However, these reliefs are not available to founding shareholders and can only be claimed by investors on future injections of capital into the business (subject to certain conditions being satisfied).

One relief which is available for founders on the incorporation of a business is incorporation relief. In the absence of incorporation relief, the transfer of the trade/assets of a business from a sole trader or general partnership to a new company would be taxable as a disposal of the trade/assets for CGT purposes. Where incorporation relief applies, the charge to CGT on the original disposal is postponed until such time as the person transferring the business disposes of his/her shares in the new company. Incorporation relief is available pursuant to TCGA 1992 s 162 where:

  • the whole of the business is transferred to a company as a going concern;
  • all of the assets (other than cash) are transferred; and
  • the business is exchanged wholly or partly for shares.

Where each of the above conditions is met, incorporation relief is applied automatically. For individuals who have operated as a sole trader while getting their business off the ground, this relief is essential.

Where the conditions for incorporation relief are not satisfied, a claim for gift relief under TCGA 1992 s 165 may be possible. Gift relief also operates to defer a CGT liability arising on the disposal of business assets but, unlike incorporation relief, it works on an asset by asset basis and must be claimed. For example, if a partnership wishes to incorporate its business, but the individual partners intend to keep the property in the names of the individual partners, a claim for incorporation relief will not be possible as not all of the assets of the business will be transferred to the new company. Instead, gift relief could be claimed on the assets transferred. A claim for gift relief must be made jointly by the transferor and transferee within four years from the end of the tax year in which the disposal occurs.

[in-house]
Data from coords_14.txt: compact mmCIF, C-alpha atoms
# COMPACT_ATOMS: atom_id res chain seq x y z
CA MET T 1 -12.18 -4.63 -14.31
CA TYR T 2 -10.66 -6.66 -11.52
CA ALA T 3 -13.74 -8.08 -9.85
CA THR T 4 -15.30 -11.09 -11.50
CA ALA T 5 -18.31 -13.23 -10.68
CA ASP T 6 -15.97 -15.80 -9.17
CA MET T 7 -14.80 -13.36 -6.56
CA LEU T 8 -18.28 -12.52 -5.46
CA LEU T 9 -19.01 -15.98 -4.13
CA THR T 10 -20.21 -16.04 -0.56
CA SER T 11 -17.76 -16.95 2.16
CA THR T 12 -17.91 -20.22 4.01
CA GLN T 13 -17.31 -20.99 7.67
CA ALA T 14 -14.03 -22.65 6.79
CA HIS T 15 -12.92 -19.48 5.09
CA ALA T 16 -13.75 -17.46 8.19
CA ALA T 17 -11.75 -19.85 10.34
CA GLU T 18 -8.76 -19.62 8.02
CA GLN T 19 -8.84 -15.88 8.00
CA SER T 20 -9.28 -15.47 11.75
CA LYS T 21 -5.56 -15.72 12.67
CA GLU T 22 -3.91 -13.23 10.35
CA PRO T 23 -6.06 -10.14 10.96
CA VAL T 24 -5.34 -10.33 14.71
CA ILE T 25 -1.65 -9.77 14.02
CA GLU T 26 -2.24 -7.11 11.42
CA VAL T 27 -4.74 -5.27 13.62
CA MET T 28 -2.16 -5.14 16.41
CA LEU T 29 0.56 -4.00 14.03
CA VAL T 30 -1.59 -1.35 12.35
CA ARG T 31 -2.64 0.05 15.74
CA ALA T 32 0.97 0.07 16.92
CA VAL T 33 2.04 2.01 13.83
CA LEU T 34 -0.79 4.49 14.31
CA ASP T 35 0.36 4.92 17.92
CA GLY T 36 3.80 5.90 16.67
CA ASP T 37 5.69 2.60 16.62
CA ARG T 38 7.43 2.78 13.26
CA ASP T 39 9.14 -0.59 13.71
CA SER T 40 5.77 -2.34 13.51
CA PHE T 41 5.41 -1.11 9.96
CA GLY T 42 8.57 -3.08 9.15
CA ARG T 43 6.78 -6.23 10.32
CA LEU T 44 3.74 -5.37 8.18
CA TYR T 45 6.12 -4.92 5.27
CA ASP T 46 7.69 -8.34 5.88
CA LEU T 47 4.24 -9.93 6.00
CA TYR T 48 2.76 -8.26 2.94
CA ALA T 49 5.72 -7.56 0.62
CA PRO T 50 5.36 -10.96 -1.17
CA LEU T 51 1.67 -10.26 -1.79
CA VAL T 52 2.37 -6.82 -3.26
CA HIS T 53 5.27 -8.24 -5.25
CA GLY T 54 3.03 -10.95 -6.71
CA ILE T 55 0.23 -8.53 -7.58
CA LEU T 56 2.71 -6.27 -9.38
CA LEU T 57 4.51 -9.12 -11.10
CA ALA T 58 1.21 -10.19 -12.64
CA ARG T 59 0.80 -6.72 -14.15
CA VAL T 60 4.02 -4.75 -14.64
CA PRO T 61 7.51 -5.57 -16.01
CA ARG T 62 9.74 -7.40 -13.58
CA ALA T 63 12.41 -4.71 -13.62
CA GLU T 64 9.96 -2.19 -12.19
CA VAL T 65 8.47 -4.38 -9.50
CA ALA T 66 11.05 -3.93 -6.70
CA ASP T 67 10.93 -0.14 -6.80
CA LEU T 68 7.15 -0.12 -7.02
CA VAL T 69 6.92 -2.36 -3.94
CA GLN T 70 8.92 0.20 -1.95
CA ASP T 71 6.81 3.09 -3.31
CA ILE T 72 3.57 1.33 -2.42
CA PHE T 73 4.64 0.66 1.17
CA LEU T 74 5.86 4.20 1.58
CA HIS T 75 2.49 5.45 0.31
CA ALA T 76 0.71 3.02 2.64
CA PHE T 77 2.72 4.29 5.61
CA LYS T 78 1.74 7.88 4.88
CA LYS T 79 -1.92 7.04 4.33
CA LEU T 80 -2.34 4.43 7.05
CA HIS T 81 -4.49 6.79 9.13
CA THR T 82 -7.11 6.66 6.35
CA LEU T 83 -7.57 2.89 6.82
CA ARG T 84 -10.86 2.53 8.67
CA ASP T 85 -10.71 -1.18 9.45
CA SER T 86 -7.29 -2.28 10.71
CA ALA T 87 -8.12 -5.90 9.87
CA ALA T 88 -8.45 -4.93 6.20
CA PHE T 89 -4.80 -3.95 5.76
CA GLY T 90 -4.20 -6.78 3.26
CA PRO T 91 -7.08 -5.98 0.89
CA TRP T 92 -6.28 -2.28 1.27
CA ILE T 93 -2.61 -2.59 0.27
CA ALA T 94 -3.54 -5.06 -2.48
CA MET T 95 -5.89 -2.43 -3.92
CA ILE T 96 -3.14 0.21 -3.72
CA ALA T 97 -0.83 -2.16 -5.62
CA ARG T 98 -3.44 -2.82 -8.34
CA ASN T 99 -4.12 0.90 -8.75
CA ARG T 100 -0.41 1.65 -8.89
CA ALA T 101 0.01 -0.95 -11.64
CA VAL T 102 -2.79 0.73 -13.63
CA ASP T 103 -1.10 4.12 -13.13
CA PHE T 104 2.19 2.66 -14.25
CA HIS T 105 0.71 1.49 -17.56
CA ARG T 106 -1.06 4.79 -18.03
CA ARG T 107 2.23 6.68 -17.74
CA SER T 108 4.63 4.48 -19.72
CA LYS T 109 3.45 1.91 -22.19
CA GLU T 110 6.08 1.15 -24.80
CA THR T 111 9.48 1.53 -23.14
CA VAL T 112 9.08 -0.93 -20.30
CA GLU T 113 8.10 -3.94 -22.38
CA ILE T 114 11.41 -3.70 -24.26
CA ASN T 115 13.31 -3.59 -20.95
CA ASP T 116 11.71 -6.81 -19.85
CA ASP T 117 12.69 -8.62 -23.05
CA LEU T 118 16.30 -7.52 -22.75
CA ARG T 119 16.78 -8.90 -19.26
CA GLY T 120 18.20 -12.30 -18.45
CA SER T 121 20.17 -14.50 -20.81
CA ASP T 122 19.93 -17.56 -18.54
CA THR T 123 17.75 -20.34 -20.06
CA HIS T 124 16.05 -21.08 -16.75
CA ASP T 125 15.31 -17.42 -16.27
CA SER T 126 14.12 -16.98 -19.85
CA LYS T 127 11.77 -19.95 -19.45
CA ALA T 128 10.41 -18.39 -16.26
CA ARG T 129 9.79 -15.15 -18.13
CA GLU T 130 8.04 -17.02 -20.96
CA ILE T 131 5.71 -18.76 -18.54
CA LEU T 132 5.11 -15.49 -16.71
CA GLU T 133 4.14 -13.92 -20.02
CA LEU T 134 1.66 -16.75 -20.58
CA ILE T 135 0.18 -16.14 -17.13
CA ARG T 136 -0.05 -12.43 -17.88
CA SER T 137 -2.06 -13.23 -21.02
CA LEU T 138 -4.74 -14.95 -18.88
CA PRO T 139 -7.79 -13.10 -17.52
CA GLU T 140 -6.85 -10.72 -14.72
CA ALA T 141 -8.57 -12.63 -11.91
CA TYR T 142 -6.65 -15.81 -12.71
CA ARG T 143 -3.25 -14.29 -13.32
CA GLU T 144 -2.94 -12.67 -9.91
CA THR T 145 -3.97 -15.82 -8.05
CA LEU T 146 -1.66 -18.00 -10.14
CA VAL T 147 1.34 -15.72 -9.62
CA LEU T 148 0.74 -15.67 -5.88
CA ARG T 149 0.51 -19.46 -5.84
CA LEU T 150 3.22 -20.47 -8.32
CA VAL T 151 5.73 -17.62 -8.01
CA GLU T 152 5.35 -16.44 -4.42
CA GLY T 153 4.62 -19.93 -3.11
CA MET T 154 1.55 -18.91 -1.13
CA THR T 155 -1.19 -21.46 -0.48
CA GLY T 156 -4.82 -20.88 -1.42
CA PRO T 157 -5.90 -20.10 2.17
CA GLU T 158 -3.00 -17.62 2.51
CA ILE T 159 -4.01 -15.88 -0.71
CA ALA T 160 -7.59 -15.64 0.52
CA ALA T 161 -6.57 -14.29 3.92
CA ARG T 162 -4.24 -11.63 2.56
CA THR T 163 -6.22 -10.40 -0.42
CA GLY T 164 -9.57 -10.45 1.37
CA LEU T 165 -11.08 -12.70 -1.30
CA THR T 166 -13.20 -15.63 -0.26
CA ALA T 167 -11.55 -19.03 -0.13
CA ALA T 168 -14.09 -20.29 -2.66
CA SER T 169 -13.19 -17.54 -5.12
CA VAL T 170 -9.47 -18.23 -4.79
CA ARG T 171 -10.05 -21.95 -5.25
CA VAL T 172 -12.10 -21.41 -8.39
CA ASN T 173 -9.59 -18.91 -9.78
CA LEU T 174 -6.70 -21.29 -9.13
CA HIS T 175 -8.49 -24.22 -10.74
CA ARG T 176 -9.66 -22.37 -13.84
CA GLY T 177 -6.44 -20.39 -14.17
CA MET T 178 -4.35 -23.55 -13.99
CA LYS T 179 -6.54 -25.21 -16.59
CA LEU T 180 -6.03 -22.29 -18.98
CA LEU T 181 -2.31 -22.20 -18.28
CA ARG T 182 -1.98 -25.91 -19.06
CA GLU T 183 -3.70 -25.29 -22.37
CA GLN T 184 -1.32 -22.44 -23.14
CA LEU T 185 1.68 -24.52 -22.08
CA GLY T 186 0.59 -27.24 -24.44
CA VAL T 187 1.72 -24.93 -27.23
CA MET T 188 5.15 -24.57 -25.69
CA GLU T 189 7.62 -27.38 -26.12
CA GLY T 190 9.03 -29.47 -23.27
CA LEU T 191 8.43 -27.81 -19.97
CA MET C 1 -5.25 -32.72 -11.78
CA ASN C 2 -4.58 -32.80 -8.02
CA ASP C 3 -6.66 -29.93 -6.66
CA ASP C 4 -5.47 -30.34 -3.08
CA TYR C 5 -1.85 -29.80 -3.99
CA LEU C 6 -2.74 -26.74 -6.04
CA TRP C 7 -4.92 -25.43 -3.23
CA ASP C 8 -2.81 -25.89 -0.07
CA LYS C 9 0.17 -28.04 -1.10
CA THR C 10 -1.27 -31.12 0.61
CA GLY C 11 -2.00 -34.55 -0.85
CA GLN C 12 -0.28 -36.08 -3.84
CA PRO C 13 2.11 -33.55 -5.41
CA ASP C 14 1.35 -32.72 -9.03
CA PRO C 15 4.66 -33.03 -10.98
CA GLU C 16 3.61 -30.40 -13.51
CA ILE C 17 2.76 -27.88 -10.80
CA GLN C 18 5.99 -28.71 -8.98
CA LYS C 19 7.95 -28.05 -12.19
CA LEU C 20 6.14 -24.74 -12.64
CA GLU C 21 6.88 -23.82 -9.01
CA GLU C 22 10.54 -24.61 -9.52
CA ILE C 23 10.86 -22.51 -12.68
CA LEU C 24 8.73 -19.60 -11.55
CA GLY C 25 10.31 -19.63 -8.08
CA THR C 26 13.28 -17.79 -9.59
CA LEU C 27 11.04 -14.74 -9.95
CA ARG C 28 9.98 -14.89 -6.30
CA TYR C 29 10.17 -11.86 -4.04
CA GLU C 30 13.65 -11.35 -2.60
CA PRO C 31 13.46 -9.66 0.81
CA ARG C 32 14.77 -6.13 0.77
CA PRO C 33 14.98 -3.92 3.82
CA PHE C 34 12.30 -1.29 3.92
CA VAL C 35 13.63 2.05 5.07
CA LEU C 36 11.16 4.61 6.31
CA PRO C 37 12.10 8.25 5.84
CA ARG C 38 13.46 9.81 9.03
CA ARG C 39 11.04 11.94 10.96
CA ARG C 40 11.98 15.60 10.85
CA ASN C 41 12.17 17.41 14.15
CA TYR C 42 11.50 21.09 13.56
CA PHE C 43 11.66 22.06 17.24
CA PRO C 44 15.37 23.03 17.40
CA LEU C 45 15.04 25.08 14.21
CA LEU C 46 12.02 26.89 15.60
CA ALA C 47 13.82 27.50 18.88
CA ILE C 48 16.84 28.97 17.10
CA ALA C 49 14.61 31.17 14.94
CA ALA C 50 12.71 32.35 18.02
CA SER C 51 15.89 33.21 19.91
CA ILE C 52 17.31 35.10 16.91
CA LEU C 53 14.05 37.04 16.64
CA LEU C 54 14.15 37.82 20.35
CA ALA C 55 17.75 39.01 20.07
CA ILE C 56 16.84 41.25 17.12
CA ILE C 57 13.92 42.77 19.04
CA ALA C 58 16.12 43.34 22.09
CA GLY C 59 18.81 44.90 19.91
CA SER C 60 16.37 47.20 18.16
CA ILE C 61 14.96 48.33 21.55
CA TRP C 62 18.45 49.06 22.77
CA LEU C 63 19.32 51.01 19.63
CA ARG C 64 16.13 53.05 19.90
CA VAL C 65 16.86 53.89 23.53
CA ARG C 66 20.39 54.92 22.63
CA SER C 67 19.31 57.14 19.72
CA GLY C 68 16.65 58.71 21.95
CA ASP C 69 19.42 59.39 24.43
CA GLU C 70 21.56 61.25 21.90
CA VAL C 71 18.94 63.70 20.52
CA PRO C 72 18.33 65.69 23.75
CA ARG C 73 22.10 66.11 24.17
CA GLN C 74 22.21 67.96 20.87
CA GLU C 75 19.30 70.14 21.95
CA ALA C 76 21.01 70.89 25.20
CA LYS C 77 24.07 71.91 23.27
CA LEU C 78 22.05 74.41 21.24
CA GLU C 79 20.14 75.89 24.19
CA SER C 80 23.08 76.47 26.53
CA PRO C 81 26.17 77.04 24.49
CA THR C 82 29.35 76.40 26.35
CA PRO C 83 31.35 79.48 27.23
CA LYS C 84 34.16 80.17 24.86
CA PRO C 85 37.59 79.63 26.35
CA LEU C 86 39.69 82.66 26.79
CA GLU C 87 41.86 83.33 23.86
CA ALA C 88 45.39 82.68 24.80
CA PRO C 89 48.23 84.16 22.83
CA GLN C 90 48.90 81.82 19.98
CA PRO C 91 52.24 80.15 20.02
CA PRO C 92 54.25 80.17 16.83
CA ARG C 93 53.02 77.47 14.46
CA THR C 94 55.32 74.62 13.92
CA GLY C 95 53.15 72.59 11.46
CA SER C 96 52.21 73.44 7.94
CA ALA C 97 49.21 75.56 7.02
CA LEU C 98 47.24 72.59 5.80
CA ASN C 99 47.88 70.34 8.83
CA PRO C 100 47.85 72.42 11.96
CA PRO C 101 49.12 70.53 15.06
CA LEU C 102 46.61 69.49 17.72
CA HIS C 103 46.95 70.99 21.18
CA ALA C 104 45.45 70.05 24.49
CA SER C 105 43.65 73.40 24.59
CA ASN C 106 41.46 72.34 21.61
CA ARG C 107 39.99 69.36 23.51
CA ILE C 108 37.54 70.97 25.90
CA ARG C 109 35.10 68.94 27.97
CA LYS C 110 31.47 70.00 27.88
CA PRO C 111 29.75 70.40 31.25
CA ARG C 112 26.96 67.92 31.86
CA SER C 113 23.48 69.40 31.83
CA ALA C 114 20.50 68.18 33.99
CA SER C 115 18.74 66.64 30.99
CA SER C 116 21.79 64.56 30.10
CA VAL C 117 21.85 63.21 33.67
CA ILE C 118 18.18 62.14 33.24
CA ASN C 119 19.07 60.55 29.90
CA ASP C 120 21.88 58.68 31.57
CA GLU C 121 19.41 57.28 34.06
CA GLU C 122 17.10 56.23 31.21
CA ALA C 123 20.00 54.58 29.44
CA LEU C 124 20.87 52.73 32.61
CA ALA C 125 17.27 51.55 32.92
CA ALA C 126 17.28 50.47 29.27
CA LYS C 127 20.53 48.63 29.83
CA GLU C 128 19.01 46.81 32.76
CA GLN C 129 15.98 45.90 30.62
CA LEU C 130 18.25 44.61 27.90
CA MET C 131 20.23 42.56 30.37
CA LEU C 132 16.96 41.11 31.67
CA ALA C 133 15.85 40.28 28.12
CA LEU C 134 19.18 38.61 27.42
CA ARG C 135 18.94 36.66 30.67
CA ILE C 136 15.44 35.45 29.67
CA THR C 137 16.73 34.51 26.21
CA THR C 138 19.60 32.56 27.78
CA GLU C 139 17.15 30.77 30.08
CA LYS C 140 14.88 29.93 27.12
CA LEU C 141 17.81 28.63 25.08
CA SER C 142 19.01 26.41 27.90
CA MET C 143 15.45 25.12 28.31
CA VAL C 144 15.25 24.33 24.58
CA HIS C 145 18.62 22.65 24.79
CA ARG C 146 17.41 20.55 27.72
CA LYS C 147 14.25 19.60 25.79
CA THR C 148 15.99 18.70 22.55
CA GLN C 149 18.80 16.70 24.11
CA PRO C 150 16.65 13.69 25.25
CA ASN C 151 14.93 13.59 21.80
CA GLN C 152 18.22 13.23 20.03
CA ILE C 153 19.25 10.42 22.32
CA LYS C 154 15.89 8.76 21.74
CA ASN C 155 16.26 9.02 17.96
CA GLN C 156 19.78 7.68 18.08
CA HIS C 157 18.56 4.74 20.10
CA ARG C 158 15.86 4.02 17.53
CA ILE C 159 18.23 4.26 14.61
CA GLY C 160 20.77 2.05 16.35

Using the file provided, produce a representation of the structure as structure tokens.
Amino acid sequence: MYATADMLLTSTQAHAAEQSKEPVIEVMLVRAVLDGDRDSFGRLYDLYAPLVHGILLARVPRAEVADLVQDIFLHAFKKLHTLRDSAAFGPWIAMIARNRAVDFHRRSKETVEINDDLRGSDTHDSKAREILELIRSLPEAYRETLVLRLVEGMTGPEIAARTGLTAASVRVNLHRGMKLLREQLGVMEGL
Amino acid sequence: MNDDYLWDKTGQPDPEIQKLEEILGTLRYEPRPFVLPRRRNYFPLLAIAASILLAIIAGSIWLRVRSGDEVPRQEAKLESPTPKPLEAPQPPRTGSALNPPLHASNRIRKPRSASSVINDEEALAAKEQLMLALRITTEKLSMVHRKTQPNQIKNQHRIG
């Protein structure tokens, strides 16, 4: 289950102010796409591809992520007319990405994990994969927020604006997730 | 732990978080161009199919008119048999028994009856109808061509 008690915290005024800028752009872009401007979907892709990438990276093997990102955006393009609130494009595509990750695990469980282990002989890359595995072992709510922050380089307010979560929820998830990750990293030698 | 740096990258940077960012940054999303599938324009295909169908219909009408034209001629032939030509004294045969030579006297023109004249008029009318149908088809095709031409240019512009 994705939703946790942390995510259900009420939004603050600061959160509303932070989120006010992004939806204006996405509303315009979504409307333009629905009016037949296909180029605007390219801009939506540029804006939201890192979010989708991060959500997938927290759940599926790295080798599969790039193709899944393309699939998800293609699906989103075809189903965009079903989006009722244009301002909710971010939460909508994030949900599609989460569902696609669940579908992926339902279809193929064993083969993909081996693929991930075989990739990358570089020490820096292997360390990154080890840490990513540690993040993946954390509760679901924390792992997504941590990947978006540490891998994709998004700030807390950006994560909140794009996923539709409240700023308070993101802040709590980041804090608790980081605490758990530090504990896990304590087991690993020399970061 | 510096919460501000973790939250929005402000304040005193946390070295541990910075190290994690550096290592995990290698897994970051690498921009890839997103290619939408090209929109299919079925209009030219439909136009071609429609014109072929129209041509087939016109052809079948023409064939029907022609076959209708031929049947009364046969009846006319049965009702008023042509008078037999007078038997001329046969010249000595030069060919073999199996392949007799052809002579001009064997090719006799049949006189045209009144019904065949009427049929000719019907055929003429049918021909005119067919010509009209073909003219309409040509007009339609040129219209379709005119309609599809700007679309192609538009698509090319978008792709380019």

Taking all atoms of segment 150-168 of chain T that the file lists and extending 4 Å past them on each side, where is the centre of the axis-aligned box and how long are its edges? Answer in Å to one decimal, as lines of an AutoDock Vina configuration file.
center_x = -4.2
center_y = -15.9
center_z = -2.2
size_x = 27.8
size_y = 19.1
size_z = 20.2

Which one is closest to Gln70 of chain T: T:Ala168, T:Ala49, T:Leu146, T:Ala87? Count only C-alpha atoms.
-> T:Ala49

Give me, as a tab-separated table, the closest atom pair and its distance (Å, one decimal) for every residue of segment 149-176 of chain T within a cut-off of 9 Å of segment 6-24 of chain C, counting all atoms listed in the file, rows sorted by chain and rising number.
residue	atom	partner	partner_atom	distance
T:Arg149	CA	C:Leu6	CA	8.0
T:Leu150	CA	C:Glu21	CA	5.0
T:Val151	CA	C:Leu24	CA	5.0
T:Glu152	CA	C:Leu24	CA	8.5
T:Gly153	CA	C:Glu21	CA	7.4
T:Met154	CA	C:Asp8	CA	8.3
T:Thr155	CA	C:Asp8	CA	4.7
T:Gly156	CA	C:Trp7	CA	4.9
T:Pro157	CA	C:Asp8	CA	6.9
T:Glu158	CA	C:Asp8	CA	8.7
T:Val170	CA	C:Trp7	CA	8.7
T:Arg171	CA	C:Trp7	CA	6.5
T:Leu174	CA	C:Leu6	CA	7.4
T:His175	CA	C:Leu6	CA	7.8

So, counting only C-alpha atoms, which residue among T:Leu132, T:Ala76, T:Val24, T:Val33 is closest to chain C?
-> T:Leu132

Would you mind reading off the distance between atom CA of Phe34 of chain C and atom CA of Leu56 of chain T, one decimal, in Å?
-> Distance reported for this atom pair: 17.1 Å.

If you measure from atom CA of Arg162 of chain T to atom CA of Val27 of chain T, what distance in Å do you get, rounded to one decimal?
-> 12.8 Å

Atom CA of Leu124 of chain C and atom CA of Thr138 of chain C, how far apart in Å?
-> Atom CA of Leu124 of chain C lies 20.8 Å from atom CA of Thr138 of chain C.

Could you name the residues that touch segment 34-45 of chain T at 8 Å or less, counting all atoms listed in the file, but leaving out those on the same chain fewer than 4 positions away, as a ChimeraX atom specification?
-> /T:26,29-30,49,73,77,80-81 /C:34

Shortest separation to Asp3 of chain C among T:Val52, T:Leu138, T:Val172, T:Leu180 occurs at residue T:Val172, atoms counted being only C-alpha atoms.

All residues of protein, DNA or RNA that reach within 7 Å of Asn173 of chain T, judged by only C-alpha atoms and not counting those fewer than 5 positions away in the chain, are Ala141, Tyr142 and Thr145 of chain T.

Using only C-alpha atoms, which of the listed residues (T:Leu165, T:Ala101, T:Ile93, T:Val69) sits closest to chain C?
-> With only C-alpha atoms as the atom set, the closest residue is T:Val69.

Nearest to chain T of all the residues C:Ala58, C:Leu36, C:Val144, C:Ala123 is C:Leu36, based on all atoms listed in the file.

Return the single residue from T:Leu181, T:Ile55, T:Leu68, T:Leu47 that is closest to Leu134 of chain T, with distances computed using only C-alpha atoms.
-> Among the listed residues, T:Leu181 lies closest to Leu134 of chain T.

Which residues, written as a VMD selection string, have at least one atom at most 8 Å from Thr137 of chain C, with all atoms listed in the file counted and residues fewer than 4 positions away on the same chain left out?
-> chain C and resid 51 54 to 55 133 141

Tax reliefs for the business

In a series of measures introduced over the past 20 years, successive UK governments have supported businesses by providing tax reliefs to encourage both innovation and investment. The reliefs highlighted below may be particularly beneficial for newly incorporated companies.

Pre-trading expenditure

Corporation tax relief is available in respect of certain expenditure incurred not more than seven years before the date on which the company starts to carry on the trade. CTA 2009 s 61 provides that if, in calculating the profits of the trade, no deduction would otherwise be allowed for the expenses but a deduction would be allowed for them if they were incurred on the date the company began trading, the expenses are treated as if they were incurred on that date, and are therefore an allowable deduction in calculating the taxable trading profits of the company.

Use of trading losses

There are a number of options available to a single limited company for the use of trading losses:

(a) carry forward a loss made after 1 April 2017 and set against total profits of a later accounting period.

set a loss against the total profits in the current accounting period;

(b) carry back a loss and set against the total profits in the preceding 12 months;

(c) carry forward a loss made before 1 April 2017 and set against the next available future trading profits from the same trade; and

(d) carry forward a loss made after 1 April 2017 and set against total profits of a later accounting period.

Although limb (d) above extends the use of carried-forward trading losses arising in periods post 1 April 2017, the use of these losses is restricted. Companies and groups are entitled to a £5m allowance against which carried forward losses can be set, after which the amount of profits that can be reduced by carried forward losses is restricted to 50% of the remaining profits. Although this restriction is unlikely to impact a company in its formative years, it should be considered when projecting future profits.

UK companies also benefit from loss relief in relation to losses arising from non-trading loan relationships, losses arising from property businesses (both UK and overseas) and capital losses.



Case study: Helen and Gemma

Helen and Gemma began working together on a new venture in 2018, designing and manufacturing skincare products. Helen is responsible for formulating the products themselves, whilst Gemma focuses on the administrative and manufacturing side of the business. The business has not yet generated any profit, and to date Helen and Gemma have split expenses equally. The two entrepreneurs are seeking advice on how to structure their business going forward. In particular, they wish to: